Medically reviewed on February 4, 2022 by Jordan Stachel, MS, RDN, CPT. Last updated October 4, 2023. To give you technically accurate, evidence-based information, content published on the Everlywell blog is reviewed by credentialed professionals with expertise in medical and bioscience fields.
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Sexual activity can come with the risk of sexually transmitted infections. Many sexually transmitted diseases can be hard to distinguish or tell apart, often due to the overlapping symptoms (or lack of symptoms) of several diseases. Trichomoniasis and chlamydia are two of the most common STDs, and they can be particularly difficult to discern. Learn more about the differences between the two below.
The Everlywell at-home Female STD testing and Male STD Testing options can tell you whether you have trichomoniasis, chlamydia, or other common STDs without having to go to a clinic for an in-person STD screening.
Trichomoniasis, or “trich” for short, is the most common curable STD . It is caused by a one-celled protozoan parasite called trichomonas. This parasite travels via pre-ejaculate, semen, and/or vaginal fluids, and it can spread when any of these infected sexual fluids make contact with the vulva, vagina, or penis. It typically doesn’t infect the mouth, anus, or other body parts .
Trich is spread through sexual contact, specifically vaginal sex, though it can also spread through vulva-to-vulva contact or through sharing sex toys. This also means it can’t be transmitted through casual contact, like hugging, kissing, sharing food and drink, or sitting on a toilet seat .
While trich can infect all genders, it tends to be more obvious among women. While both men and women can present asymptomatic, women are more likely to show symptoms, while men generally don’t present with any symptoms .
Symptoms typically appear within a month following initial transmission. The most prominent symptom of trich is vaginitis, which can manifest as:
While symptoms are rare in men (and/or people with penises), those who experience symptoms may have penile discharge, irritation and burning, or pain when they pee and ejaculate .
Chlamydia is an incredibly common STD that is caused by a bacteria called Chlamydia trachomatis. These bacteria can travel through pre-ejaculate, semen, and/or vaginal fluids. It is mainly spread through anal and vaginal sex, though it can potentially spread through oral sex. Chlamydia can infect the genitals, anus, mouth, and/or throat. Oral chlamydia is less common than genital chlamydia, but it’s not impossible. In rare cases, it can infect the eye if you touch your eye with hands that have infected fluid on them .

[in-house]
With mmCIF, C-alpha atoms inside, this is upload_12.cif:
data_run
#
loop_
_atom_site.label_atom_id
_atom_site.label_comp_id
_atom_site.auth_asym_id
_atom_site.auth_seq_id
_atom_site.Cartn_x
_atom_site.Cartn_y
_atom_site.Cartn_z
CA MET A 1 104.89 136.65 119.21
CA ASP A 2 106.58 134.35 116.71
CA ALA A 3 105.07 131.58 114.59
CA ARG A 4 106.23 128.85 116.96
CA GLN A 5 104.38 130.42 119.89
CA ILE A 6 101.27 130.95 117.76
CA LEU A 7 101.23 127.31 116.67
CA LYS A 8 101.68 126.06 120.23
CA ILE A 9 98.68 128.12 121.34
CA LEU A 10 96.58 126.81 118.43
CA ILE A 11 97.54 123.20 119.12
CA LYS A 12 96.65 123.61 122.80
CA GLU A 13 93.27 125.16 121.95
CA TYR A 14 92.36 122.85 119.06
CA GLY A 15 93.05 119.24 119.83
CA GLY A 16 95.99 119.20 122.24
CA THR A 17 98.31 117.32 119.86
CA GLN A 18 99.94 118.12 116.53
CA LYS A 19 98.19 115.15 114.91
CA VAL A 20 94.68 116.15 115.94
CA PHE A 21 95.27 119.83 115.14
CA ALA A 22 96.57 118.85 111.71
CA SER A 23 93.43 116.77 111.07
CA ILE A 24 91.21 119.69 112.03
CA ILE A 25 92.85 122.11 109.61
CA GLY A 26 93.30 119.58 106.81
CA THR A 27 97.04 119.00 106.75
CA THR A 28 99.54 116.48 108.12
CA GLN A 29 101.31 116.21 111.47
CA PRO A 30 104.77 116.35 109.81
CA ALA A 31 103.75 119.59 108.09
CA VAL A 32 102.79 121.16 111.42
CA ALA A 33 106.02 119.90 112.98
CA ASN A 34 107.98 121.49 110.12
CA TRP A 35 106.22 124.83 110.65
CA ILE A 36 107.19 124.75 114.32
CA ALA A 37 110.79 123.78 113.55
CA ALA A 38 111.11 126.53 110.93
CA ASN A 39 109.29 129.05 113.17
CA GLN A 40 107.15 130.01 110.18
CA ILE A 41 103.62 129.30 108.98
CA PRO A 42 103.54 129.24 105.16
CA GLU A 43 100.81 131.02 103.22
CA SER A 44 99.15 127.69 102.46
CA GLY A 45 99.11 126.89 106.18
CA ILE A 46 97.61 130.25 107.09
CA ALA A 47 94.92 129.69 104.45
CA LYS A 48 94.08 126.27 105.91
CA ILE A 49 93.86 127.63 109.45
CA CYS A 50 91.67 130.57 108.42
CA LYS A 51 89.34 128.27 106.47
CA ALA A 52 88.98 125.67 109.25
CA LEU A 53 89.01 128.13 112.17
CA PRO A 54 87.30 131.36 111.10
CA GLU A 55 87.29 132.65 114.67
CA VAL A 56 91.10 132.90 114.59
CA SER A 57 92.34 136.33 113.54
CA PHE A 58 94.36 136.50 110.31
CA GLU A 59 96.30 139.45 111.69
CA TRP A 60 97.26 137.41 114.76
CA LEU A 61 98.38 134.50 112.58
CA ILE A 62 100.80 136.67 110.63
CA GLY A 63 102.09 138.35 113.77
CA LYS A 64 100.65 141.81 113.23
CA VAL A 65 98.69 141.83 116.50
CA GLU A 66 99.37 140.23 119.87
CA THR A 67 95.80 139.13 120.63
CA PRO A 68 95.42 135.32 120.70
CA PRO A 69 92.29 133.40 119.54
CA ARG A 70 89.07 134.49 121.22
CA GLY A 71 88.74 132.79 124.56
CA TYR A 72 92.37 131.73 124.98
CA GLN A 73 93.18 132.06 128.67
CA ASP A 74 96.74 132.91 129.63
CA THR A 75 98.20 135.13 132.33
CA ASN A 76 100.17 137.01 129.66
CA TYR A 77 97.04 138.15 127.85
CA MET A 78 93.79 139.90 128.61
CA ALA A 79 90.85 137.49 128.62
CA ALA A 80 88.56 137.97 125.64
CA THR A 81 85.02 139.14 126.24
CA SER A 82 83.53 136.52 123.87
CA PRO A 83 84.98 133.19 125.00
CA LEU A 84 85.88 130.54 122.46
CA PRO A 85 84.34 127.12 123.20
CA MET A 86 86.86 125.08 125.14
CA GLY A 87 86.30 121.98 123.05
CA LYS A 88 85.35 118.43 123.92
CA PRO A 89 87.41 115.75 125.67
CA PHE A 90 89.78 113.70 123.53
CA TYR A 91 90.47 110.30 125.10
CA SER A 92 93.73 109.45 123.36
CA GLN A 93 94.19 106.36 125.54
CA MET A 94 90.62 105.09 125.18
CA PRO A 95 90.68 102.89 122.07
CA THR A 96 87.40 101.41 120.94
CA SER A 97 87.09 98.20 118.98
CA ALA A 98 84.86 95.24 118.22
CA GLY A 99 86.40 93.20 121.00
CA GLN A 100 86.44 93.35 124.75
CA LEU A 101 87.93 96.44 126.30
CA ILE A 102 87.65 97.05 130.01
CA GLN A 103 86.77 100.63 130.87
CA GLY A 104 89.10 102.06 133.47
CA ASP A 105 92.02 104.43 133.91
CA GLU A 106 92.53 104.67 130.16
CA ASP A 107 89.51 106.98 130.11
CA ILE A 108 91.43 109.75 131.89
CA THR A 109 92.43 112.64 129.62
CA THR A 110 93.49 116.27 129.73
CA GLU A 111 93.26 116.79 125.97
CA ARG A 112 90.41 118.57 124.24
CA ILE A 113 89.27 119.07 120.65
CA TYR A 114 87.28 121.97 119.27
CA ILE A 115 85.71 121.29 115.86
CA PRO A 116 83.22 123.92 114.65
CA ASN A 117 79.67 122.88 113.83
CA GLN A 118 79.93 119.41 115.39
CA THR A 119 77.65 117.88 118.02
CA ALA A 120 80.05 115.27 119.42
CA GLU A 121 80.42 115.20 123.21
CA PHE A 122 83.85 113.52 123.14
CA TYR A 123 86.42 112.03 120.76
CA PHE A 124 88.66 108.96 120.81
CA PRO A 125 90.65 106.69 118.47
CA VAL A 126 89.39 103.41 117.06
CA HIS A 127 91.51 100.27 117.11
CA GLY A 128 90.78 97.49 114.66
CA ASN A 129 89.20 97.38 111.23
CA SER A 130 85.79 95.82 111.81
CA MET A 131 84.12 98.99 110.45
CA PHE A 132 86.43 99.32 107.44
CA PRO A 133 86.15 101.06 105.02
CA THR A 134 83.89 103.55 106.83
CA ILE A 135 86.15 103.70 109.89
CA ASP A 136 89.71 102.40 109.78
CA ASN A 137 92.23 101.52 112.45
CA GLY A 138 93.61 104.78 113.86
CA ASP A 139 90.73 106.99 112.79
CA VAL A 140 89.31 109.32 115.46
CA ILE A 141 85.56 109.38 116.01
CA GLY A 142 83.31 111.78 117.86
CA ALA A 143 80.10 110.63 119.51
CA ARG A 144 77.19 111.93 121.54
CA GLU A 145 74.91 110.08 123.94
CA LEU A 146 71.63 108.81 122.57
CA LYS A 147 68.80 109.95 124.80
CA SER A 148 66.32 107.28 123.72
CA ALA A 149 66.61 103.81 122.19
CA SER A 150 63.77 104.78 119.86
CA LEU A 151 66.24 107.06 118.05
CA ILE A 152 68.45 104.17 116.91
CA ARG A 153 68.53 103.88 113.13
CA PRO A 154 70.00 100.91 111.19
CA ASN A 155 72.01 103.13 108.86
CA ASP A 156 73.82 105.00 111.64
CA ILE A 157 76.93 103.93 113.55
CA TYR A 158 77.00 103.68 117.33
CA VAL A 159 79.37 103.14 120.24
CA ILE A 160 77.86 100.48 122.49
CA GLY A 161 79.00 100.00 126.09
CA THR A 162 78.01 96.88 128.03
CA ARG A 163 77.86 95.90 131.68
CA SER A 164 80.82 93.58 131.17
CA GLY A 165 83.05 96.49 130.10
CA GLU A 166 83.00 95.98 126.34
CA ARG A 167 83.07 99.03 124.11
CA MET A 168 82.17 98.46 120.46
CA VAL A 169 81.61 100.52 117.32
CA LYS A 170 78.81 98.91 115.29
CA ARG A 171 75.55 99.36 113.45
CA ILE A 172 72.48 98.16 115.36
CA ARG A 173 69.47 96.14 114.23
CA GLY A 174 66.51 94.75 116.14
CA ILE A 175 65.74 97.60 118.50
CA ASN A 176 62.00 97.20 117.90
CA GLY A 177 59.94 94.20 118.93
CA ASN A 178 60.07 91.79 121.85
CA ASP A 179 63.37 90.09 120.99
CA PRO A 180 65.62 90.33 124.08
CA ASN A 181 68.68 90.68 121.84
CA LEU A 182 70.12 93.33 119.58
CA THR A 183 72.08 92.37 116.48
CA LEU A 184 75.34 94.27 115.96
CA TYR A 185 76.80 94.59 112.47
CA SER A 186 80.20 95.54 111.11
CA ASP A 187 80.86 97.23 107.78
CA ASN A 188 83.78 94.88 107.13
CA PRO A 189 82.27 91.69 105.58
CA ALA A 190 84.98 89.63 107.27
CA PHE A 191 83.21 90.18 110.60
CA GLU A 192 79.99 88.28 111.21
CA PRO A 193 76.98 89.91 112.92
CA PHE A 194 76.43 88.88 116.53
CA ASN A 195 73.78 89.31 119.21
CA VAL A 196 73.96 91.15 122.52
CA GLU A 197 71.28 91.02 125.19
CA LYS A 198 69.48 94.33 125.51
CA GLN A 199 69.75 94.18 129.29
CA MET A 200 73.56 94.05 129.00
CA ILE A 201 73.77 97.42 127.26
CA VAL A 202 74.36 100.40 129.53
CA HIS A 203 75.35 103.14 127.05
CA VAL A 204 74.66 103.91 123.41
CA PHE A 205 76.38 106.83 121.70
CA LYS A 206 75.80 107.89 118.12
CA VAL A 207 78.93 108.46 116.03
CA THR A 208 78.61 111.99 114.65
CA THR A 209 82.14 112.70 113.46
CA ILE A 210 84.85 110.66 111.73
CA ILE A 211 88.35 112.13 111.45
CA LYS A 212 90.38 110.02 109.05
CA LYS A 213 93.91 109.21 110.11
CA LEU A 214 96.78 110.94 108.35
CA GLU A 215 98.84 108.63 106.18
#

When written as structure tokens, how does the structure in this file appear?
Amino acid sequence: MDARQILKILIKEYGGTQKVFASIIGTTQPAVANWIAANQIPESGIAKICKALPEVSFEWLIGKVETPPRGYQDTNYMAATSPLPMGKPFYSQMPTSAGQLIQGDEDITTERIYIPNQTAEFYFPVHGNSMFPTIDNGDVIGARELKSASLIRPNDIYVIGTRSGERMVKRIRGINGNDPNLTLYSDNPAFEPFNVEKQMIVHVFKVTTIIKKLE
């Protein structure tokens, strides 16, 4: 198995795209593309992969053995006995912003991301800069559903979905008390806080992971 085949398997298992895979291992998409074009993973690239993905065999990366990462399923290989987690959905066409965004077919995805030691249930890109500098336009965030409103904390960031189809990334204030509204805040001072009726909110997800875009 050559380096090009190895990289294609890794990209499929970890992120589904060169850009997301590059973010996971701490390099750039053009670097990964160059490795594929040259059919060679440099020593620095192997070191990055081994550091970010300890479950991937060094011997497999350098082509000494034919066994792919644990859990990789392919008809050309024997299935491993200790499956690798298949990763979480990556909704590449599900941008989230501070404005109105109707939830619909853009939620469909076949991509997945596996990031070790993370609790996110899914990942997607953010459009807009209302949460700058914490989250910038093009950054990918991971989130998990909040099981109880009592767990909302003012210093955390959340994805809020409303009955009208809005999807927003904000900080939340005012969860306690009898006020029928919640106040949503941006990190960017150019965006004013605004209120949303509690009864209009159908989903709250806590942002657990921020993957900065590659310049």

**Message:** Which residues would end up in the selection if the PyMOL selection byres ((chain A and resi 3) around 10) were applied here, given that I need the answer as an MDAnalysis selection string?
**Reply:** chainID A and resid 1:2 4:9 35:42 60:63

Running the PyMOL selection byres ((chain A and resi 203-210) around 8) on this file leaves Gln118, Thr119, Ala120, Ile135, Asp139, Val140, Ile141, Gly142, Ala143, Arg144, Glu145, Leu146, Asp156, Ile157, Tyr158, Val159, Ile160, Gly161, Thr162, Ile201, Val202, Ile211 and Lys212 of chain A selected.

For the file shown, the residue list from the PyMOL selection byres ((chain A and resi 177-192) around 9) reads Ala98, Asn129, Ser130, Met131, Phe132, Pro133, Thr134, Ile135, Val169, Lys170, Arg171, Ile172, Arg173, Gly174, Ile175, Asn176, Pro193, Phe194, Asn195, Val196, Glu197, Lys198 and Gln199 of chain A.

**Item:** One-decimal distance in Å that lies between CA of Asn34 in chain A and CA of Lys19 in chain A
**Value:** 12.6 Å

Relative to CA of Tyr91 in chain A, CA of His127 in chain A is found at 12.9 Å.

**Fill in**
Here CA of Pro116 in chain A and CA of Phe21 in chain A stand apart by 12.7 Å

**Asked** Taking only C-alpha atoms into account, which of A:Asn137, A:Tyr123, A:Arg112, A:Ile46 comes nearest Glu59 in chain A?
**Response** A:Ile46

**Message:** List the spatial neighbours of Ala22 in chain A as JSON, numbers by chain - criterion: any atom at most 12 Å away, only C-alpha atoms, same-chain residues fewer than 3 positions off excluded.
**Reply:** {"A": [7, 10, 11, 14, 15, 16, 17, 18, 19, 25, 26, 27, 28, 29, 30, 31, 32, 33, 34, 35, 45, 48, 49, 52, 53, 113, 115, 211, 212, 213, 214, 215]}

While chlamydia is more common in young women, it can occur in all genders and age groups .
Like other STIs, chlamydia doesn’t normally cause noticeable symptoms in its early stages. Any symptoms that occur are often mild. Common signs and symptoms include:
There is certainly overlap in the symptoms of trichomoniasis and chlamydia, particularly involving discharge. However, the diseases have distinct differences. Trichomoniasis more commonly presents symptoms in women (and/or people with vaginas), while chlamydia will present symptoms in all genders equally.
Chlamydia can also infect the genitals, anus, mouth, and/or eyes. Trichomoniasis is often more isolated to the genitals.
The good news is that both trich and chlamydia can be easily treated with a round of antibiotics, but identifying the infection ensures the right types of antibiotics are used. If you believe you might have trichomoniasis or chlamydia, consider the trichomoniasis or chlamydia and gonorrhea at-home testing kits with Everlywell. To test for both trichomoniasis and chlamydia with a single kit, you can take the Male STD Test or Female STD Test.
1. Trichomoniasis (Trich). Planned Parenthood. URL. Accessed February 4, 2022.
2. Trichomoniasis - symptoms and causes. Mayo Clinic. URL. Accessed February 4, 2022.
3. What are the symptoms of trichomoniasis? Planned Parenthood. URL. Accessed February 4, 2022.
4. Chlamydia. Planned Parenthood. URL. Accessed February 4, 2022.
5. Chlamydia trachomatis - symptoms and causes. Mayo Clinic. URL. Accessed February 4, 2022.
6. Chlamydia Symptoms. Planned Parenthood. URL. Accessed February 4, 2022.
7. Trichomoniasis – CDC Fact Sheet. Centers for Disease Control and Prevention. URL. Accessed February 4, 2022.